Long, narrative poem in an elevated style that celebrates heroic achievement and treats themes of historical, national, religious, or legendary significance. … (Epic conventions) include the centrality of a hero, sometimes semi-divine; an extensive, perhaps cosmic, setting; heroic battle; extended journeying; and the involvement of supernatural beings.
Ladies and gents, Watchers: The Complete Collection by William Meikle (@williemeikle) is truly an epic, a sprawling yet intimate tale of honor and duty, and vampires — lots and lots of nasty bloodsucking vampires — set in an alternate history England and Scotland of 1745. This edition collects the three books of the trilogy into one volume, which I greatly appreciated as it meant as soon as I finished one book the only delay in diving into the next was flicking the page on my Kindle.
The year 1745 may be lost to most Americans, but in England it was the time of Bonnie Prince Charlie, pretender to the throne of England, Scotland and Ireland, and the Jacobite Uprising he led — real events which provide the underpinning for the Watchers series. In Meikle’s telling the young Pretender is a vampire, the latest in a long line of bloodsuckers who claim to be Blood Kings and trace that lineage back centuries. Instead of the clans of Scotland, at the Boy King’s side in this Uprising is an army of Others — vampires — and humans whose minds have been enslaved.
After the vampire king Charles I was hunted down and captured at Edinburgh and executed in London by The Old Protector — never named, but I assume based on Oliver Cromwell (forgive me, I’m an American after all) — Scotland was left to the vampires. Standing between the Others and England is Hadrian’s Wall, fortified and guarded to the death by Officers of the Watch — the titular Watchers.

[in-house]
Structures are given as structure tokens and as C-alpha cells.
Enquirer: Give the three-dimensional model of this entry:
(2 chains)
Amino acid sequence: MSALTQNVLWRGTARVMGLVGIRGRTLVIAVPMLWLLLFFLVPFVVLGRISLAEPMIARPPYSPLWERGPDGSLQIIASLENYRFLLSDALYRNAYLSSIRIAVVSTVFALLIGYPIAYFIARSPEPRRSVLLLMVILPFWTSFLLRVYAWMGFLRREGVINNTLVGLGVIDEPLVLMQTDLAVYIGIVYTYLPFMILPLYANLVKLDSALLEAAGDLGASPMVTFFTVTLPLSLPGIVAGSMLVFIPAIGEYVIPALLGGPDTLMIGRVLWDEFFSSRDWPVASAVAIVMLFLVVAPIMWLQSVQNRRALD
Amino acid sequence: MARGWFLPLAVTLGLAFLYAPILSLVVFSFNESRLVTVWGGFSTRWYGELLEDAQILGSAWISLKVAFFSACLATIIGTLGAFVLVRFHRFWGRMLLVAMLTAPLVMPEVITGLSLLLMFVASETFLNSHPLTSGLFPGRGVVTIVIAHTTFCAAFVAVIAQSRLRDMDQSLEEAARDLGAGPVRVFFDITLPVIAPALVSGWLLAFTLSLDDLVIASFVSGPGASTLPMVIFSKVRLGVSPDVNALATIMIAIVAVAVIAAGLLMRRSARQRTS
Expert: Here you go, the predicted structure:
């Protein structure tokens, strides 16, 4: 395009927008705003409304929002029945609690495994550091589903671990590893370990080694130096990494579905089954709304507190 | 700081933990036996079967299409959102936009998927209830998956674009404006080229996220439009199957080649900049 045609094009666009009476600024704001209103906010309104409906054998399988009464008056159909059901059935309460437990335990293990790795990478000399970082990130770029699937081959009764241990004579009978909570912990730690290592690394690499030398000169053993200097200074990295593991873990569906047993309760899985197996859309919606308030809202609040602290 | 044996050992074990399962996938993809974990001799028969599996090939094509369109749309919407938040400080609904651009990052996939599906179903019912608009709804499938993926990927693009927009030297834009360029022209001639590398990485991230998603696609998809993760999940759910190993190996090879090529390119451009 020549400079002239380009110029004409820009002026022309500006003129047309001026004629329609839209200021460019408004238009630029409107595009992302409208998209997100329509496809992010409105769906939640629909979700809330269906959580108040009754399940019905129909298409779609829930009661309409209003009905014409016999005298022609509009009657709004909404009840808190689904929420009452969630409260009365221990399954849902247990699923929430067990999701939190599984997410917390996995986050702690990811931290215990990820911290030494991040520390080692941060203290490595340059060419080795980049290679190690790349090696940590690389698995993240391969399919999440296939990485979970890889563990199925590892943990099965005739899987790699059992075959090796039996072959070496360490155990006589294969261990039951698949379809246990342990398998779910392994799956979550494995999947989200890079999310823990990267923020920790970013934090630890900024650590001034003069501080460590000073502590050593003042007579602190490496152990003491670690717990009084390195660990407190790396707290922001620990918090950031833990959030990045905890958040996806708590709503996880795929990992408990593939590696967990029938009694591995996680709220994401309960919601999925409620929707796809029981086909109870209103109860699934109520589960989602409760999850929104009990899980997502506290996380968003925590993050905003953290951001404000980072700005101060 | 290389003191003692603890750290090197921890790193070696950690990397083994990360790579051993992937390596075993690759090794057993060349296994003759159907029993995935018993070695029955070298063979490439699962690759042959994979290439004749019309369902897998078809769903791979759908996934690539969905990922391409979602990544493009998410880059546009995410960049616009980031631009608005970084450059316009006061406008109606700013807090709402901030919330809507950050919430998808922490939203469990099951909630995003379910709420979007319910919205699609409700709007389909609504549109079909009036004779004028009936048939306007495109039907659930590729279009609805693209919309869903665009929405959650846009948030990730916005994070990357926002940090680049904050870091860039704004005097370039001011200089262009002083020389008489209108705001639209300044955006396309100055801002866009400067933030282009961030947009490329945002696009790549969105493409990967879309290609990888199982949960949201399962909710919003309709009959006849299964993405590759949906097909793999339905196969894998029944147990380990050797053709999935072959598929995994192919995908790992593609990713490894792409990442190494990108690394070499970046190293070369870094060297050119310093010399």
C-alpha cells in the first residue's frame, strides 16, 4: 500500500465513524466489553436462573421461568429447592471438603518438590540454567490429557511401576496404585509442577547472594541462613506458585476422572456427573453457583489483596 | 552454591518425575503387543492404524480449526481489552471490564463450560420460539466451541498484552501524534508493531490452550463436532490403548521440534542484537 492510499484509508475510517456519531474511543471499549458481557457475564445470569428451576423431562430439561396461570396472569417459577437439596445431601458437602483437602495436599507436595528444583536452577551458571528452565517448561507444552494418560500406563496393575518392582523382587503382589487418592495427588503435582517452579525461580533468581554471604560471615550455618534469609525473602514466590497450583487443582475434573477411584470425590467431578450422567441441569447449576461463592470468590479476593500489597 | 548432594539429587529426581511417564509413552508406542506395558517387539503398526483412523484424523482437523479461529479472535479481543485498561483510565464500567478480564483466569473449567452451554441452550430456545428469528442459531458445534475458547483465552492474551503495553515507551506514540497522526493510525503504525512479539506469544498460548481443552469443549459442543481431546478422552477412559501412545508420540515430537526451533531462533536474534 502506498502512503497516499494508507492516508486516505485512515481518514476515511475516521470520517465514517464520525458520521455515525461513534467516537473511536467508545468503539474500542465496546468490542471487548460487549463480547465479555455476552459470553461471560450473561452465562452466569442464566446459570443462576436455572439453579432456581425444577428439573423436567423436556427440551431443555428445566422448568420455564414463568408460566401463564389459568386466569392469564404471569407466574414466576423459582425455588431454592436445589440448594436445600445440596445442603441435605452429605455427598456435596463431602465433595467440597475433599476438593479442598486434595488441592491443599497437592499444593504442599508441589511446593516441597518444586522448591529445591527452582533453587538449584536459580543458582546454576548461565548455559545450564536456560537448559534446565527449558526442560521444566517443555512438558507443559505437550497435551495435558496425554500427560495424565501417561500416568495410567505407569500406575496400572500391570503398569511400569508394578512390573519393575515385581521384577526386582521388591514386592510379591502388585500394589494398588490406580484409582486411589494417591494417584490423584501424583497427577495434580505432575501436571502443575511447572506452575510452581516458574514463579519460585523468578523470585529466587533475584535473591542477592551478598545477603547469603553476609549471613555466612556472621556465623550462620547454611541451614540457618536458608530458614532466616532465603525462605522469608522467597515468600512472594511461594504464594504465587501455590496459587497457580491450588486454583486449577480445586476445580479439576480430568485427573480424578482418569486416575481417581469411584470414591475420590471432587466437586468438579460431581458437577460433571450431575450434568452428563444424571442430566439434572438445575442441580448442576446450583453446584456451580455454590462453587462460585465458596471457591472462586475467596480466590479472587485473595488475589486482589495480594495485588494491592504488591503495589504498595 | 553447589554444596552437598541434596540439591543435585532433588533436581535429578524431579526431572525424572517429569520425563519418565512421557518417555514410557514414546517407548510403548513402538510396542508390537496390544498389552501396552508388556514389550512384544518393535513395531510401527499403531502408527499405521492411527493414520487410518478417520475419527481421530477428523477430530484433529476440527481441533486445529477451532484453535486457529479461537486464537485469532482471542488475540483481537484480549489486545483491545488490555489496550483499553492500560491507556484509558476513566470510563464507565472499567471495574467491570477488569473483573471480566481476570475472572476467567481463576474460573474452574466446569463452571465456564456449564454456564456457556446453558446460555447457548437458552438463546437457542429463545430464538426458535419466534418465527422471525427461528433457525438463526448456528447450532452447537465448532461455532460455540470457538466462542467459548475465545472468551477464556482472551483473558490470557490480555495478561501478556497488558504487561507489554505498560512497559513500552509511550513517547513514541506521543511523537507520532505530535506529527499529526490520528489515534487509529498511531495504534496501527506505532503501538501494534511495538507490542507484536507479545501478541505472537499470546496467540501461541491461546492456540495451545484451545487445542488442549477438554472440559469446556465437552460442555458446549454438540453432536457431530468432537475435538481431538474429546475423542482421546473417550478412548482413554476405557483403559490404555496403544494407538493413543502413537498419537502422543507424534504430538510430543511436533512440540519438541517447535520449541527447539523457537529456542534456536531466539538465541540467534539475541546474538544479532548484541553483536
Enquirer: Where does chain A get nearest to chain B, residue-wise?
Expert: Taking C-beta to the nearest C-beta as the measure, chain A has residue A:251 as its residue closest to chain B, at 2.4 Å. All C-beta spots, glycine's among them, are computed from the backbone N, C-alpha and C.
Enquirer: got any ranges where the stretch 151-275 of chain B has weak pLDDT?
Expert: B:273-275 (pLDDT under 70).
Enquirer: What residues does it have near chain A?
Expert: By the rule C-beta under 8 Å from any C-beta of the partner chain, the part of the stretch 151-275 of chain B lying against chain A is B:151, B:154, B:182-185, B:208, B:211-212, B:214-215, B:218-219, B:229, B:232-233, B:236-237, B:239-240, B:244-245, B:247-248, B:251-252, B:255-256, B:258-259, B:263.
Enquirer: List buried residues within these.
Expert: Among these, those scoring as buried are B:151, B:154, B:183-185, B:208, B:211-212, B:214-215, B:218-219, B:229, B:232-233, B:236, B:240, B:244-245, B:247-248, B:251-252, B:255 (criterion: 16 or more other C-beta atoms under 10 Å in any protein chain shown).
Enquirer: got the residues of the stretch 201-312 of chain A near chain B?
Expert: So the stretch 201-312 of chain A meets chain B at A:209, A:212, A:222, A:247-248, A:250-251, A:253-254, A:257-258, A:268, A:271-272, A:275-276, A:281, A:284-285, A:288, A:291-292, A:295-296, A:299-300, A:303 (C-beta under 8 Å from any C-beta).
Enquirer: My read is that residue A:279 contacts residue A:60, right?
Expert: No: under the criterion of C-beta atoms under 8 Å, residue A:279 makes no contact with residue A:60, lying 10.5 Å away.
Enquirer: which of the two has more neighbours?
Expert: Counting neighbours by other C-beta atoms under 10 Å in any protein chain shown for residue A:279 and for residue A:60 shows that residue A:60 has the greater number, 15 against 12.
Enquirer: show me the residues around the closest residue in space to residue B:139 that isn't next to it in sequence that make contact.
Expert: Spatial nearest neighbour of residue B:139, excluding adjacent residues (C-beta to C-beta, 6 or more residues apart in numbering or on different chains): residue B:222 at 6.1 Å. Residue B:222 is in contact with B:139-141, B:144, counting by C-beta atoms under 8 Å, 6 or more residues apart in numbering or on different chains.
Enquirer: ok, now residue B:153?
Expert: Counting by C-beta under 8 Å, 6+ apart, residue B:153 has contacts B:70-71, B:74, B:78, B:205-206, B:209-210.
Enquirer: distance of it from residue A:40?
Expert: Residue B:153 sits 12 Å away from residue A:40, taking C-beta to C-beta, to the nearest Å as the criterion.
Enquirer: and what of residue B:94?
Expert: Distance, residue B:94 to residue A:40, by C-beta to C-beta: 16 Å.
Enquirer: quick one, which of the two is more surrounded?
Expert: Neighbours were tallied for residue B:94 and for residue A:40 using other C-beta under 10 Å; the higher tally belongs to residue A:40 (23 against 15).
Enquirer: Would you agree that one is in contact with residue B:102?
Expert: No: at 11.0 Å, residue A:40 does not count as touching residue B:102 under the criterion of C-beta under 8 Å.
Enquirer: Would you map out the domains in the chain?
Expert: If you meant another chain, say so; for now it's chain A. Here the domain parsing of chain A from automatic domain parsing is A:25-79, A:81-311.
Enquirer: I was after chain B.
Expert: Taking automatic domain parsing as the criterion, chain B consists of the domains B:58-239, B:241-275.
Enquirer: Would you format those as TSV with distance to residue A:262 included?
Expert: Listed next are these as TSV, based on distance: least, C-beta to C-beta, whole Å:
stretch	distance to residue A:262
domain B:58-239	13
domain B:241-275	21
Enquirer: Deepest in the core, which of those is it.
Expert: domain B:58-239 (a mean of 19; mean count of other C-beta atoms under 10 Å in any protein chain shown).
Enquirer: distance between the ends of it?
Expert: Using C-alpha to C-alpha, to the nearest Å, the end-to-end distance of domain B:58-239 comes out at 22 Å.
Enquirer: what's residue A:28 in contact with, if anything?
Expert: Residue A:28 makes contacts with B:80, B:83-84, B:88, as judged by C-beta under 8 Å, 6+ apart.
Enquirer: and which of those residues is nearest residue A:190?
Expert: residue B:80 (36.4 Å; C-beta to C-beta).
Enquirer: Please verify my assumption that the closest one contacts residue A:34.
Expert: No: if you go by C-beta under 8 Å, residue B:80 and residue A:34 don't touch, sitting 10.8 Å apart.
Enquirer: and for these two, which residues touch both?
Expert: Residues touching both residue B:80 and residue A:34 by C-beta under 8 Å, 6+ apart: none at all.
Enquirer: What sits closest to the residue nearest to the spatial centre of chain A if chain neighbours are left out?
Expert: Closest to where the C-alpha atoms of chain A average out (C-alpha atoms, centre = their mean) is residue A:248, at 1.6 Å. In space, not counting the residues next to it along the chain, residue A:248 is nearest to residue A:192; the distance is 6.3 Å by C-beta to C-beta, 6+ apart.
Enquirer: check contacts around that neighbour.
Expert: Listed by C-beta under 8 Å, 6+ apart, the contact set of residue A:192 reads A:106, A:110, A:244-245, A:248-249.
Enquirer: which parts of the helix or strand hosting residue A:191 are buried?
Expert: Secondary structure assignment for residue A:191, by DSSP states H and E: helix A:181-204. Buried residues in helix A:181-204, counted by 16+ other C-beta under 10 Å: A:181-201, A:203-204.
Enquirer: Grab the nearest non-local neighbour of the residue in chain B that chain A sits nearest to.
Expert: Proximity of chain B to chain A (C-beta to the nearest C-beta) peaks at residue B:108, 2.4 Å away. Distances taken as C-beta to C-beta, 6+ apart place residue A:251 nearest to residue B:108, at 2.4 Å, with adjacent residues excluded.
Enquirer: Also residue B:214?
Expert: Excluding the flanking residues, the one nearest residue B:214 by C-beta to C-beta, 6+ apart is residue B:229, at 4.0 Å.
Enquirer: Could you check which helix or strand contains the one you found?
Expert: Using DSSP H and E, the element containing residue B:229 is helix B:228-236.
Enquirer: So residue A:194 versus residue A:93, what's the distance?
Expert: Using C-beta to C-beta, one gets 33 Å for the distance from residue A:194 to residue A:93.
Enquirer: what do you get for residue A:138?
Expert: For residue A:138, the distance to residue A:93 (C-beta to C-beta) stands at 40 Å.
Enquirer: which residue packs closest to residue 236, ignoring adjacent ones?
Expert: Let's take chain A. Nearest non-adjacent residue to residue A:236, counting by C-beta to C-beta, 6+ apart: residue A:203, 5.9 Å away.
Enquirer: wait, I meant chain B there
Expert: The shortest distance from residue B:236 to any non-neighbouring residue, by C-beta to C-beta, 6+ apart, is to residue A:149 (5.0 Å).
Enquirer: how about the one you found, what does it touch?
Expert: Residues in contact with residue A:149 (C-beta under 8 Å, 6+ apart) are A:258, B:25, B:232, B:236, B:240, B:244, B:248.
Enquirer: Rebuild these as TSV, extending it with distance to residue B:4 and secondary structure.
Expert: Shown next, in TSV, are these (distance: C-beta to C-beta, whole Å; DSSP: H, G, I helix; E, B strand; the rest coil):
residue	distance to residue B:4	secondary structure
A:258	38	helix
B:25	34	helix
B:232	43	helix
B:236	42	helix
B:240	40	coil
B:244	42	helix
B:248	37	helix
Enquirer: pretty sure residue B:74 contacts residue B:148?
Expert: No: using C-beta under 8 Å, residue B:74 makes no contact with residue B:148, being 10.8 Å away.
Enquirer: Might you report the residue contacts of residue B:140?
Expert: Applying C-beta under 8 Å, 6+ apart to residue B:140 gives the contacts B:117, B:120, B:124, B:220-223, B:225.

The heroes of the tale are Martin and Sean, Officers of the Watch at Milecastle, although they are assisted — or opposed, as the case may be — by an exceptional cast of characters. One night while on watch Martin and Sean see a light on the road from the north — a shock to both as neither believed any but Others lived beyond the wall. But the light belonged to a Scotsman and his injured daughter, and they have a tale to tell and a dire warning: The Boy King is on the march, the event the Watchers have trained for their entire lives yet hoped to never see.
More detail than that would spoil the fun, but what follows is a epic journey of heroism, comradery, savage and bloody battles large and small — from sieges of fortified towns to individual combat — horror and mysticism. There are twists, high points and low moments, triumph and tragedy, loss and gain; everything a reader could want and written in prose that is crisp and engaging. I was reminded time and again of a much younger me reading The Lord of the Rings trilogy, staying up late into the night to read just a bit more. It is good stuff.
I first came across Mr. Meikle by reading Berserker (my review), which I considered one of The Best I Read in 2012. I vowed then to read more of this prolific author, but like many of you my To Read List has grown at a pace far exceeding my reading rate. Again, however, I vow to delve deeper into this author’s extensive body of work. If the rest of his stories were only half as good as Watchers and Berserker — well that would make them very, very good indeed.